A global clinical trial for a new gonorrhoea treatment has shown promising results. The trial found that the oral antibiotic drug, zoliflodacin, is effective in treating gonorrhoea, a common bacterial sexually transmitted infection (STI) that spreads through unprotected vaginal, oral, or anal sex.
“This is an exciting result. It certainly places the spotlight on the much-needed field of STIs; and the need for new diagnostics, therapies and preventive interventions to reduce the burden of STIs in our community,” says Professor Sinead Delany-Moretlwe the director of research at the Reproductive Health and HIV Institute at the University of the Witwatersrand (Wits RHI).
Delany-Moretlwe was the lead scientist in the South African arm of the trial. South Africa was one of five countries involved. There were a total of 930 participants with uncomplicated gonorrhoea including women, people living with HIV, and adolescents. Most of the participants were in South Africa. This is the largest clinical trial ever done for new gonorrhoea treatment. The findings of the clinical trial are expected to be published in a peer-reviewed journal next year.
She says South Africa has a high burden of patients with gonorrhoea. In 2017 more than two-million people were reportedly diagnosed with the condition. In 2020 an estimated 82 million people around the world were diagnosed with gonorrhoea.
Delany-Moretlwe says that the oral pill has the potential to simplify gonorrhoea treatment as it is a single oral dose.
“Zoliflodacin can be given as a single dose oral therapy and so is simpler to administer than the current therapy. From a treatment perspective this is helpful as it ensures same day directly observed therapy ensuring treatment completion,” explains Delany-Moretlwe.
“The current treatment for gonorrhoea includes an injectable antibiotic that requires preparation and administration by a healthcare provider,” she explains. “But with the oral antibiotic people who may be needle phobic or concerned about injection site pain won’t be deterred from seeking gonorrhoea therapy.”
According to Delany-Moretlwe, gonorrhoea treatment in South Africa is provided syndromically. Patients with STIs are given a combination of drugs that can treat multiple pathogens that cause the same set of symptoms.
Delany-Moretlwe says the disease is particularly difficult to treat in women because of the challenge of diagnosing asymptomatic infections.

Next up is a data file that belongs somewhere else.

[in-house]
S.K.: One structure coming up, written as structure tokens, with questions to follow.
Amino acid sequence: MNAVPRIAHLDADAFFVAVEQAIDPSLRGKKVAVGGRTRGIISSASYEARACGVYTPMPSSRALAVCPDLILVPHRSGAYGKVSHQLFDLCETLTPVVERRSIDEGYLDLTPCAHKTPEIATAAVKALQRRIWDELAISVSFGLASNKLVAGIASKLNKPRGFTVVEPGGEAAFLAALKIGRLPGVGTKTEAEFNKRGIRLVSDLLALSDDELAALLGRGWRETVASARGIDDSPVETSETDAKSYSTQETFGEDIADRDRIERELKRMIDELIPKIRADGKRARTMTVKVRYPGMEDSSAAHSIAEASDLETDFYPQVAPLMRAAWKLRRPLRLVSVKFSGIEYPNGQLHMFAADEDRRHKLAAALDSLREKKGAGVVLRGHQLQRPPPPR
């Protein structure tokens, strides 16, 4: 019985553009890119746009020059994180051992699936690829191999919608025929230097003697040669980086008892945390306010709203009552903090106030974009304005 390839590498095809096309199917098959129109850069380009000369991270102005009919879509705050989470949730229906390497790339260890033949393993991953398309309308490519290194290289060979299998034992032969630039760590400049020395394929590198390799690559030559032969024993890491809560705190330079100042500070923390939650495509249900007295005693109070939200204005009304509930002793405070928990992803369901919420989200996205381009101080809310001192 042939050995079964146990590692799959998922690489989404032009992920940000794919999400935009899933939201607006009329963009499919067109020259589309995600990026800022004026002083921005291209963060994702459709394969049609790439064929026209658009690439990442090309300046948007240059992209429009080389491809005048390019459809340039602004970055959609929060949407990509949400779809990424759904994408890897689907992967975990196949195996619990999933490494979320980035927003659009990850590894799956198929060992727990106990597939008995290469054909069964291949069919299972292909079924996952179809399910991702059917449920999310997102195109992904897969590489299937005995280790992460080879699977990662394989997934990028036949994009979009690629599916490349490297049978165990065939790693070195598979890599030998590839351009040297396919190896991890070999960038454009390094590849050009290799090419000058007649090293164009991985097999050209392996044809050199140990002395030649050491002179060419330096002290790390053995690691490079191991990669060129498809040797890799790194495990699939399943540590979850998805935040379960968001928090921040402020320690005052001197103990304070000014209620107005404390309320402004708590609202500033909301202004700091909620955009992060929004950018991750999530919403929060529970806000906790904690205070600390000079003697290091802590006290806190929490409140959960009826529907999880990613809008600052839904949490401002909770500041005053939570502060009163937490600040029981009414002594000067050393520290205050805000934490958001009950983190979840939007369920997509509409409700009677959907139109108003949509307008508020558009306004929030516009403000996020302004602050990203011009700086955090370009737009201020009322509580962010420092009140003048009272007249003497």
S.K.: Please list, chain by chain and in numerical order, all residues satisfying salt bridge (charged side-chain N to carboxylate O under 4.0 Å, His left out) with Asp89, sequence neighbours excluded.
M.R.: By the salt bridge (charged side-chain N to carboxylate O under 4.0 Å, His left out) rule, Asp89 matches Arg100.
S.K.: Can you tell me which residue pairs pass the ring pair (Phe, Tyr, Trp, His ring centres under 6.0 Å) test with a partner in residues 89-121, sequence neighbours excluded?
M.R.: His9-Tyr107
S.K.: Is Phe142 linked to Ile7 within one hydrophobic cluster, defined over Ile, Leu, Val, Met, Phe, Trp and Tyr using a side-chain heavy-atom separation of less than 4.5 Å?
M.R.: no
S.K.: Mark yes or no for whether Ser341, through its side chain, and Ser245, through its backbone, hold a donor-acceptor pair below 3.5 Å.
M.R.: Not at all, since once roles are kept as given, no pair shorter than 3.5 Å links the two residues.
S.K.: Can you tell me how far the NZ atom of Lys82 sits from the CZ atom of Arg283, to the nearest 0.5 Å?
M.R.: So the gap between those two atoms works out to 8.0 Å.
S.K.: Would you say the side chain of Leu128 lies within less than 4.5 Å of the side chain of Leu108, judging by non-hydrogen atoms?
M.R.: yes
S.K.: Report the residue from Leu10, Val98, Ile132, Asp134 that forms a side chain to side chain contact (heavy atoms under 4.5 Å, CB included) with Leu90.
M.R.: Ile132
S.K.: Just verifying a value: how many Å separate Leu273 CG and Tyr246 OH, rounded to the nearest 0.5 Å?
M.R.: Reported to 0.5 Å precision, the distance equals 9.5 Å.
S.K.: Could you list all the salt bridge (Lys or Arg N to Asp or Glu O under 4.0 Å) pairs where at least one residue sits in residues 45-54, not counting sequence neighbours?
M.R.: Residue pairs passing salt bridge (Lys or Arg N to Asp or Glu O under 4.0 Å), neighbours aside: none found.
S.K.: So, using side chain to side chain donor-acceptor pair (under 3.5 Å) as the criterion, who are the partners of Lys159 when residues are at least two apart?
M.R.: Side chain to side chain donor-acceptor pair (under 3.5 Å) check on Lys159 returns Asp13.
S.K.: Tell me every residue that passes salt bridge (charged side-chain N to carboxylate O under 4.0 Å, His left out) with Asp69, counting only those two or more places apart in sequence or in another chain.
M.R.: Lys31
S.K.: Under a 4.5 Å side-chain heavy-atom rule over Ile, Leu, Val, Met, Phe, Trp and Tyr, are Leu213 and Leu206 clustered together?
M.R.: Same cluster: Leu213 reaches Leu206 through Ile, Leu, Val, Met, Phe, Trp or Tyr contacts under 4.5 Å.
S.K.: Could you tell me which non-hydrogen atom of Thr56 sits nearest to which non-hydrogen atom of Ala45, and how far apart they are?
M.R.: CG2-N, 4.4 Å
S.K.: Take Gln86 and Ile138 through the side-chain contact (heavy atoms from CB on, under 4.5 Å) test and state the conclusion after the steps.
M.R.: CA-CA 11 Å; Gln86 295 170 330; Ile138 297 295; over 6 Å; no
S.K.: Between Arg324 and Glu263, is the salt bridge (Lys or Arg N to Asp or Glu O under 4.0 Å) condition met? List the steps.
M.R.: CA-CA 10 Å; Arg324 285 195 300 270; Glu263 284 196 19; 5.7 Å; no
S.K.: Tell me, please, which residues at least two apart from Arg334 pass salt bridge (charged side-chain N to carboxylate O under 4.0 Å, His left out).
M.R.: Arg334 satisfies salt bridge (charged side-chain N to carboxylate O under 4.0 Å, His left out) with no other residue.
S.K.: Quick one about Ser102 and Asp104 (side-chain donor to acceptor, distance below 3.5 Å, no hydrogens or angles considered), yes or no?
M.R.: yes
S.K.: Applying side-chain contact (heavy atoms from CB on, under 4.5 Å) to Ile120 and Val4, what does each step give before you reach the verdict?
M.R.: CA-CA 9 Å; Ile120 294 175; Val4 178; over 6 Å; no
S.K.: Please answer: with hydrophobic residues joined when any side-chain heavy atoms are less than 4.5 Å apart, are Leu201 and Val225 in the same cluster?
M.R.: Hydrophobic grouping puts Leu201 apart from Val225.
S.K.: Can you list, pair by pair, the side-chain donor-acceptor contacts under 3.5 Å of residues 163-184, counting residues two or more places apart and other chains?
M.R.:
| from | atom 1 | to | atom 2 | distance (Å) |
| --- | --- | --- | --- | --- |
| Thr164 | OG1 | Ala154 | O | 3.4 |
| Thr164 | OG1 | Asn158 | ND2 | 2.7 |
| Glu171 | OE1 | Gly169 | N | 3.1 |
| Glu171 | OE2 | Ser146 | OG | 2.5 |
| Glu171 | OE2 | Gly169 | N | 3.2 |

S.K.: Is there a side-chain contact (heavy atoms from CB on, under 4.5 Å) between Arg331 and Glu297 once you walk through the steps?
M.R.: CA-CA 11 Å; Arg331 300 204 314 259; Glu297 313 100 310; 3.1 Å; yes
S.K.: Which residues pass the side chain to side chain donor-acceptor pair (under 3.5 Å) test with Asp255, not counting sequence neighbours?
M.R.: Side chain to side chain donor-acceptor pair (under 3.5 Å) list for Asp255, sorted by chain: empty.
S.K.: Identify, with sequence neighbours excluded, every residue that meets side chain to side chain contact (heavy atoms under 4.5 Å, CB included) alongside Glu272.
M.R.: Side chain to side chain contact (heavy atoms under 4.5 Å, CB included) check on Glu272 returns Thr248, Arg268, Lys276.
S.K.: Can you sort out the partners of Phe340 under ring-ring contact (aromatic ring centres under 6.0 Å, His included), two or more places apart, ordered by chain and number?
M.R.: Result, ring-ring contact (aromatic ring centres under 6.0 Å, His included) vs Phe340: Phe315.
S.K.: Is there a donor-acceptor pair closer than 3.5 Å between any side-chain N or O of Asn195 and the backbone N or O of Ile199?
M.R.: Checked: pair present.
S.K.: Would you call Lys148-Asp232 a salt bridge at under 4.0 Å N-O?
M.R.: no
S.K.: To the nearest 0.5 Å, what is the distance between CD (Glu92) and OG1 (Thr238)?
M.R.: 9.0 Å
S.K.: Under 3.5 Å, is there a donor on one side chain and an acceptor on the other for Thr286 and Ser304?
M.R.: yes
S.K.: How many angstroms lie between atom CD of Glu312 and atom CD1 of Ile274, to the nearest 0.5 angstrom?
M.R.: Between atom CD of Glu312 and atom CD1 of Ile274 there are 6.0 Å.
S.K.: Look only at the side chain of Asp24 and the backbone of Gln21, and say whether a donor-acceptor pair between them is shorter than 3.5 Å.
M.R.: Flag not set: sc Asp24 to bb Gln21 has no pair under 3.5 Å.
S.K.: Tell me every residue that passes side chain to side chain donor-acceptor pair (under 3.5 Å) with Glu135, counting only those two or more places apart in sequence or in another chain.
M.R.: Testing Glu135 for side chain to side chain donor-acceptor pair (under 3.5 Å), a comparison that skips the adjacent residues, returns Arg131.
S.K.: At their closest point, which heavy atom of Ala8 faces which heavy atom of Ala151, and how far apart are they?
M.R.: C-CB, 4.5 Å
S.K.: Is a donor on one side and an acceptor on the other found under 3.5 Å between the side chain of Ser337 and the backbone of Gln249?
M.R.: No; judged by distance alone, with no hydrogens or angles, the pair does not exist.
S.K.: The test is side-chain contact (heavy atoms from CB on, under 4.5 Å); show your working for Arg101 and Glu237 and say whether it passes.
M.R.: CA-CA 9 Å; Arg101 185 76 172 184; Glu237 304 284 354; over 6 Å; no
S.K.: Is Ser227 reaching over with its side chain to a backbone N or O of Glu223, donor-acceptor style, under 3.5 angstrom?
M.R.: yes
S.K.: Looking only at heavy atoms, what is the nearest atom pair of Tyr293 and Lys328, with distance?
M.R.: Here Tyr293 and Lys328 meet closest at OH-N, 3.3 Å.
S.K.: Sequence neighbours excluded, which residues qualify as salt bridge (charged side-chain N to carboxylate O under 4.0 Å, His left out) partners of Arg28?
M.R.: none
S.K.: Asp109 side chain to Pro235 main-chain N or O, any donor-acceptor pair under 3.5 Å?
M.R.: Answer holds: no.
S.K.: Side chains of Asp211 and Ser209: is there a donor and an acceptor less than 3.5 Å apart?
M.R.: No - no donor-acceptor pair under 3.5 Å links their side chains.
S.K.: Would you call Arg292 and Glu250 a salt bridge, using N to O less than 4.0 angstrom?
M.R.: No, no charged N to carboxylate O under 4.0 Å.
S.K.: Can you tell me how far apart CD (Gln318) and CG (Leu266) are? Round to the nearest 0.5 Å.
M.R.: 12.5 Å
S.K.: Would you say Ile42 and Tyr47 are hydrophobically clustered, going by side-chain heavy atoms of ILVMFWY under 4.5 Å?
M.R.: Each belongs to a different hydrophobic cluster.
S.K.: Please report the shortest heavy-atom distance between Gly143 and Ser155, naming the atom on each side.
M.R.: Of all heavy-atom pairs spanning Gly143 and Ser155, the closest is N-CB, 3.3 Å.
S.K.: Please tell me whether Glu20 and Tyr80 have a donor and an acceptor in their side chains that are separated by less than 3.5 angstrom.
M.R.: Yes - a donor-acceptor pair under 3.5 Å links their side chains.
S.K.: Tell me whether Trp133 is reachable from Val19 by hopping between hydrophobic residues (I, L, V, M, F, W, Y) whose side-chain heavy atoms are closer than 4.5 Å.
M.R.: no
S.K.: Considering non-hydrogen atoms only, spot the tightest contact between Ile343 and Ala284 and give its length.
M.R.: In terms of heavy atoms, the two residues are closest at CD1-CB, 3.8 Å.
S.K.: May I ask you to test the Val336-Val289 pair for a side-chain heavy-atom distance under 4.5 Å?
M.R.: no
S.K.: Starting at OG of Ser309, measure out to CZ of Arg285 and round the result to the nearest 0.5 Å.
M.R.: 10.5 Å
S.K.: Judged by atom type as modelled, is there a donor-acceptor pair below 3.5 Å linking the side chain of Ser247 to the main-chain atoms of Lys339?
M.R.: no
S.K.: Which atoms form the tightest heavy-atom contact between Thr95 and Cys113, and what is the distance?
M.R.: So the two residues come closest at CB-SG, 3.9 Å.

“If a woman does not have symptoms or does not recognise her symptoms and doesn’t seek care, she will not be treated. Ideally we need to shift to laboratory-based diagnosis of common sexually transmitted infections,” she says.
Dr Leandri Liebenberg, a medical officer at AIDS Healthcare Foundation, says the diagnosis of gonorrhoea in South Africa is extremely challenging due to tests being used. These require patients or clinicians to take vaginal, penile, or rectal swabs. The swabs are then sent to a laboratory with the capacity to do the required test.
“Some of the challenges I have come across are the lack of knowledge from clinicians regarding the need for testing/referral and the long turnaround time for results, leading to patients not returning for the review of results,” says Liebenberg.
Liebenberg says that it is concerning. If left untreated, gonorrhoea can facilitate HIV transmission and acquisition. It can also cause other complications such as pelvic inflammatory disease in women.
“Pelvic inflammatory disease can cause chronic pelvic pain and infertility due to structural damage of the fallopian tubes and internal abscess formation. While epididymitis is a long-term health risk for men with untreated gonorrhoea,” explains Liebenberg.
“We look forward to the next steps in the process regarding the pathway to licensure and access for those in greatest need,” says Delany-Moretlwe.
Delany-Moretlwe is hopeful that the participation of South Africans in the zoliflodacin trial will help to speed up the registration of the oral gonorrhoea treatment in the country.
“The benefits of zoliflodacin to South Africa is that when the data are submitted to SAHPRA for review and approval, the fact that we have data on South Africa has the potential to facilitate approval which can then speed up the process to ensure access,” says Delany-Moretlwe. –Health-e News.